The SCOTUS-Tested Law Firm Suing Apple Has Added The World’s Largest Brewer To Its Hit List

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A new class action lawsuit alleges global beer maker AB InBev misled investors by, among other actions, filing false disclosures with the SEC.

It was announced Thursday that a federal securities class action lawsuit has been filed in the U.S. District Court for the Southern District of New York on behalf of investors who purchased American Depository Receipts (ADRs) of Anheuser-Busch InBev (AB InBev, NYSE: BUD) from March 1, 2018 through October 24, 2018.

 

 

According to the complaint filed by Wolf Haldenstein Adler Freeman & Herz LLP, plaintiff AB InBev made “false and/or misleading statements and/or failed to disclose” a number of pertinent business records that prospective investors would use to make rational decisions regarding potential transactions with the brewing juggernaut. The law firm is urging individuals who purchased ADRs during the “Class Period” to contact them immediately, as affected investors may not become plaintiffs after August 20, 2019.

The allegations listed in the lawsuit summary are specific and numerous, and they amount to an overall claim that AB InBev executives outright defrauded investors, leading them to believe that the ability of the company to be financially reciprocal was strong. In reality, the macro brewer’s officers were preparing to break the news that dividends were about to take a major hit.

On October 25, 2018, AB InBev cut its dividend by 50 percent, which was followed by a more than nine percent dive ($7.71 per share) in the company’s ADR price, by closing bell the same day.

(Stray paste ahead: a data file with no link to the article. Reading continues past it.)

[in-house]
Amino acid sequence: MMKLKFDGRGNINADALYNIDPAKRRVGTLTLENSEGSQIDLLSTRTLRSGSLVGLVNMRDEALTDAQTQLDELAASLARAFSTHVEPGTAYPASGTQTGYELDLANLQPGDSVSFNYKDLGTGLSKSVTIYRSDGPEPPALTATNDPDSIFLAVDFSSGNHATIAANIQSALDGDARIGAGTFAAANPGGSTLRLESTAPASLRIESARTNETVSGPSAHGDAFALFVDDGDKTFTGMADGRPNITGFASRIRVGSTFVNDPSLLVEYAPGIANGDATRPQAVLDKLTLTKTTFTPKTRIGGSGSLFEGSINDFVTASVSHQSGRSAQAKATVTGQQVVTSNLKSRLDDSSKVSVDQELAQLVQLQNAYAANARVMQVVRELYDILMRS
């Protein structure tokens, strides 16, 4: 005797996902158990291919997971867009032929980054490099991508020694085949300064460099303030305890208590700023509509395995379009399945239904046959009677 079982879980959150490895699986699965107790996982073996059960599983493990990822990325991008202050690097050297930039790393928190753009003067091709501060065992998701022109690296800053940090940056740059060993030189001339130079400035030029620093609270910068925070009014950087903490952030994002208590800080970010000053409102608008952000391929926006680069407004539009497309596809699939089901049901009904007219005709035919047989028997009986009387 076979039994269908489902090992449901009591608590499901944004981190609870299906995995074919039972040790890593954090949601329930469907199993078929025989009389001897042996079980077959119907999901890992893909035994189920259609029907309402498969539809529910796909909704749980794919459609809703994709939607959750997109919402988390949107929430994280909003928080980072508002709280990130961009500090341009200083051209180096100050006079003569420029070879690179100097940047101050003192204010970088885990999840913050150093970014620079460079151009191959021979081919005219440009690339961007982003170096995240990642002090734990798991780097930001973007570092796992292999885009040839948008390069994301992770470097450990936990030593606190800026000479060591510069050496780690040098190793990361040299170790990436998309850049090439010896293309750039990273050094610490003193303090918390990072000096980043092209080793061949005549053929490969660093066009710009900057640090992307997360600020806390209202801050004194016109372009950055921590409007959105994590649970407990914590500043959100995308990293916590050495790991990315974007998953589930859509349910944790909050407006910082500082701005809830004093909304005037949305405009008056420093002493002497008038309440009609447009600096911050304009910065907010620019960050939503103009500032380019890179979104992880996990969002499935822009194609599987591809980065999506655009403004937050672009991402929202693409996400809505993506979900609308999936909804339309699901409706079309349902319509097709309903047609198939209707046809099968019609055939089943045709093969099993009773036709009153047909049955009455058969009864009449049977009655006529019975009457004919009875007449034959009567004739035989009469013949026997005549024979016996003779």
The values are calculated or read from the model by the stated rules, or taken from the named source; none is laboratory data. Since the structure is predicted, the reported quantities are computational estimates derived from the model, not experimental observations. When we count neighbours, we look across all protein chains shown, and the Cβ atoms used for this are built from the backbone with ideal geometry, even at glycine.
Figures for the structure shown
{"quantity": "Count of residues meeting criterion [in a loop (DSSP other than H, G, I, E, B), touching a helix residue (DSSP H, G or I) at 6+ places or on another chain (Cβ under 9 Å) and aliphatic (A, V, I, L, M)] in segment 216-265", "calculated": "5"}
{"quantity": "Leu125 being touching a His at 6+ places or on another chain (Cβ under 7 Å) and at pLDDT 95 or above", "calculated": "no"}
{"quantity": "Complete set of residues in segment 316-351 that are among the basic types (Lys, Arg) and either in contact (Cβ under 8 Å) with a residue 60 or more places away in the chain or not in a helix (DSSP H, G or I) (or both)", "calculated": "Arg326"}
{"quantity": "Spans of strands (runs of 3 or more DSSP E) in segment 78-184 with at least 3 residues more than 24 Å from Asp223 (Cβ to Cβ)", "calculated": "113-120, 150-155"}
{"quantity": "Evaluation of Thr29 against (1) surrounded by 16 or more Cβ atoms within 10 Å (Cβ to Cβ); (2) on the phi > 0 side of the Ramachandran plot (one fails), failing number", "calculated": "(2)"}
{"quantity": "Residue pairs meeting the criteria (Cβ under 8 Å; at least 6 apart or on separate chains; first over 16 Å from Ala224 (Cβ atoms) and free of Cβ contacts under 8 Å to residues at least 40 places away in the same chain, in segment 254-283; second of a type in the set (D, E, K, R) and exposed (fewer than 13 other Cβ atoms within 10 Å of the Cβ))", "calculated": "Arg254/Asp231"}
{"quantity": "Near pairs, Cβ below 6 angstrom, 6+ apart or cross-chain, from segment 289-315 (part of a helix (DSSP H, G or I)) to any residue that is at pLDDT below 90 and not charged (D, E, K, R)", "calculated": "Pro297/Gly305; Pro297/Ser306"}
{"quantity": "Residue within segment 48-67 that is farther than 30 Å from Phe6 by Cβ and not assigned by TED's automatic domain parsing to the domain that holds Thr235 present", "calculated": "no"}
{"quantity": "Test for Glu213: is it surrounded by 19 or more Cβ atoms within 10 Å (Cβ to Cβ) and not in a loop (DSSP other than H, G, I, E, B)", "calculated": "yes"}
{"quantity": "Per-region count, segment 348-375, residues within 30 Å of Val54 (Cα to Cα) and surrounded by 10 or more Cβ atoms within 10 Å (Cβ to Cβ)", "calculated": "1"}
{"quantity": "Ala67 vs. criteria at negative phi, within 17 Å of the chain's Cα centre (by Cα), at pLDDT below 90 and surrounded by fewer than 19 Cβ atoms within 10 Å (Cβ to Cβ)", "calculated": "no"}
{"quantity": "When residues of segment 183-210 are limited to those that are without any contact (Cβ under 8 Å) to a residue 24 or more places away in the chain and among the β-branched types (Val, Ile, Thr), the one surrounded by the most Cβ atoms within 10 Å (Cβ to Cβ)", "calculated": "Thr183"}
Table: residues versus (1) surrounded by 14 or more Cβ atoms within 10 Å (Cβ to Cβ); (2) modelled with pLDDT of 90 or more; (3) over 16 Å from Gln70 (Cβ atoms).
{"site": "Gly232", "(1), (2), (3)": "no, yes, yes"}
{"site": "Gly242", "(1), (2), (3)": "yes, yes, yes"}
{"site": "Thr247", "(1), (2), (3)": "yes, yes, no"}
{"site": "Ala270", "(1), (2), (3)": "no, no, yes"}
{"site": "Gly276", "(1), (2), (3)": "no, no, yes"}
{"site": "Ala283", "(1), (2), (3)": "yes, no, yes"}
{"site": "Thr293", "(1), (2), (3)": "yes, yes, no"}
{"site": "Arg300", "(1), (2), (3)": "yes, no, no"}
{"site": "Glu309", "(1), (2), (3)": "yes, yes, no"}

Leading up to the dividend devaluation, certifications issued to the United States Securities and Exchange Commission (SEC) by AB InBev CEO Carlos Brito and CFO/CTO Felipe Dutra were materially false and misleading, the suit alleges. For this reason, according to the announcement, Biggest Beer lacked a reasonable basis for prior positive statements about the company’s dividend growth, its cost synergies, its liquidity and current efforts to deleverage Anheuser-Busch’s balance sheet.

 

 

Such communication is ostensibly problematic to many who have followed the beer industry over the past decade, during which legacy macro brewers have lost gobs of market share to craft beer. In fact, the suit also alleges that Anheuser-Busch was aware that it had been experiencing less than expected growth and profits in certain key markets, that it was not going to be able to maintain its then current dividend and still meet its deleveraging targets and that it was at risk of having its credit ratings downgraded.

Recent disclosures from the industry leader make this reality ever apparent. In its 4th quarter 2018 results, AB InBev reported that Budweiser lost 35 basis points of market share, while best seller Bud Light lost 85 basis points of share. On the converse, the Brewers Association reported that in 2018 craft brewers had taken well over twenty percent of the overall beer market.

It is likely that AB InBev will take this new action seriously, as the law firm representing the plaintiffs has extensive experience in the prosecution of securities class actions and derivative litigation in state and federal trial and appellate courts across the country. What may catch its officers’ attention over anything else is that (just in May) Wolf Haldenstein Adler Freeman & Herz successfully petitioned the Supreme Court of the United States to allow its class action filing against Apple to move forward.

 

 

Investors who feel they are affected can fill out a form here to inquire about being included in the class action suit.

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